The Case for Sustainable Local Farming

How a return to working the land could be the answer to the question everyone is asking



Special Contributor, Allegany Magazine

Among its effects, COVID-19 idled workers, who—as in earlier downturns—visited charities for canned beans and boxes of macaroni and cheese. Because pandemics, recessions, and similar events affect nearly everyone, it might be time to start a new conversation about an age-old practice.  A conversation about how we live, work, and eat in uncertain times and to outline a vision for how we might do all three sustainably.

This vision proposes to achieve sustainability through a nationwide network of organic farms, which might extend to every community that wants one. Government might partner with businesses to fund the enterprise, but where the private sector supplies little or no money. Local, state, federal, or a combination of agencies should shoulder the cost.

Misers might oppose this undertaking, though most communities manage to support a public library without provoking a backlash against the expense. Moreover, we created on a national scale in the past. In 1862, for example, Congress passed the Morrill Act, giving every state public land to endow at least one agricultural and mechanical college. The U.S. Department of Agriculture, for instance, lists eight such colleges and universities in Montana. This success should prompt us to act as boldly now as we did then.

Schools, churches, parks, and prisons could even start their own farms. Any neglected land would better serve its neighborhood as farmland than as sanctuary for rodents and kindred pests. Although populous cities might seem unpromising, workers need only demolish abandoned buildings to free land for cultivation. History again provides a model. When a depression eliminated jobs in 1894, Detroit mayor Hazen Pingree opened derelict land to anyone who would grow potatoes and other vegetables.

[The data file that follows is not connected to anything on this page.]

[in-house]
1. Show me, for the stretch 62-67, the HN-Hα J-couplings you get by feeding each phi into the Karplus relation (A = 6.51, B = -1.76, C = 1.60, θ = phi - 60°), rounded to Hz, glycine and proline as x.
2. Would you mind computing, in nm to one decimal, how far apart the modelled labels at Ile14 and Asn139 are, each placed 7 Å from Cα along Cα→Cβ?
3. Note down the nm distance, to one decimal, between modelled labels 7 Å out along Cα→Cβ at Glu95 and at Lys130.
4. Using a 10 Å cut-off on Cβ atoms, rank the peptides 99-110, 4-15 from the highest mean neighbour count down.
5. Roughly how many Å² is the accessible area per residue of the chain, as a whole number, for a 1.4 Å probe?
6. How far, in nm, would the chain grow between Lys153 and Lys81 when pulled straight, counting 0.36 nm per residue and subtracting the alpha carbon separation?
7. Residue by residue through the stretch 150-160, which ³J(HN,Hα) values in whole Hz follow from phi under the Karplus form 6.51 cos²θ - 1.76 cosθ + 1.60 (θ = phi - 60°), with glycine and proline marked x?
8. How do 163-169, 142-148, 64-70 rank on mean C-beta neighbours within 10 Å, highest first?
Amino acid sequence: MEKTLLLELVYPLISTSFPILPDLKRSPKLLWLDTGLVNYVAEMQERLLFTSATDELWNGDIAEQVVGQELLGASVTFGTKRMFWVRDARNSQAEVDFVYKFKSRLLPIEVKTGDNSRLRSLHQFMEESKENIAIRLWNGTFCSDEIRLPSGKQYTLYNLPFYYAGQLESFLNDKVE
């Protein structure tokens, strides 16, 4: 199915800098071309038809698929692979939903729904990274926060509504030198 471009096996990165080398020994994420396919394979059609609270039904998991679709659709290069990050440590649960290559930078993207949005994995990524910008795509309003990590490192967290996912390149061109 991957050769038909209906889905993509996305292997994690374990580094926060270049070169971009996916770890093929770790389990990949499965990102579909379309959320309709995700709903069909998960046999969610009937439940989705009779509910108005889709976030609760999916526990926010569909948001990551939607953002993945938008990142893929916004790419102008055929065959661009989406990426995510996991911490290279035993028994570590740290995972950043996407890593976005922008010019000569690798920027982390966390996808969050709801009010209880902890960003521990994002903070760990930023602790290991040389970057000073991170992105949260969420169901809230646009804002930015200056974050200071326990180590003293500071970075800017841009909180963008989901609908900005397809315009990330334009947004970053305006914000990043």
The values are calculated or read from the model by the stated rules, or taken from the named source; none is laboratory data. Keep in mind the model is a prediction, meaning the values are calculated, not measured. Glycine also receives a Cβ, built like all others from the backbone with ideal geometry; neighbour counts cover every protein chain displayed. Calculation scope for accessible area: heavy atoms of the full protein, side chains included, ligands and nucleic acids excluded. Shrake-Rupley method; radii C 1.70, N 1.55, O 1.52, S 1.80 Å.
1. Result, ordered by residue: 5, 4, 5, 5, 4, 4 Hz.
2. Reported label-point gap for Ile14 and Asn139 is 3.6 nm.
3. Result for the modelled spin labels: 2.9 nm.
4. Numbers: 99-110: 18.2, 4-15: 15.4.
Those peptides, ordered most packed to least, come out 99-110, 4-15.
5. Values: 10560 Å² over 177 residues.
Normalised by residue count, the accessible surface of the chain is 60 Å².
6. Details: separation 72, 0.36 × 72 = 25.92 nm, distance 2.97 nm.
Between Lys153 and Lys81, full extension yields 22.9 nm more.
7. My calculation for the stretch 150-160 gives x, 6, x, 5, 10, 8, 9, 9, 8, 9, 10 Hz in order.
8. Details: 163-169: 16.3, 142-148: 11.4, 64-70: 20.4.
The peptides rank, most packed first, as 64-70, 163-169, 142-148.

The urban farm continues his legacy. In one initiative among many, Bryan, Texas business and technology firm Advent GX has since 2004 grown cabbage, lettuce, broccoli, and cauliflower on land once vacant. Restaurants serve this bounty, and students tour the farms to witness sustainability’s beauty and benefits.

Using data from May 2021, the U.S. Labor Department announced in June that roughly 9.3 million Americans were unemployed. Perhaps 22 million are underemployed. If 85 percent of workers dislike their job, as a Gallup poll suggests, then the number of potential community farmworkers must be enormous.

Such variability warrants the establishment of many farms where unemployment and underemployment are large and persistent and fewer where problems are less severe. In this way the number of jobs would roughly match the demand for work. Where numerous farms are needed to absorb mass unemployment and underemployment, the scale of operations might grow to encompass land cropped to vegetables and legumes, hills devoted to fruit and nut trees, pasture for laying and meat hens, and ponds for aquaculture. Cattle’s emission of methane, a greenhouse gas, makes them unsuitable for these initiatives.

Inclusion of chickens and fish would enhance sustainability by supplying manure for cropland. In Austin, Texas, for example, Texas Sunshine Community Gardens have roughly 40 hens on their 3 acres. These birds produce some 2.6 tons of manure yearly, enough to fertilize about half an acre.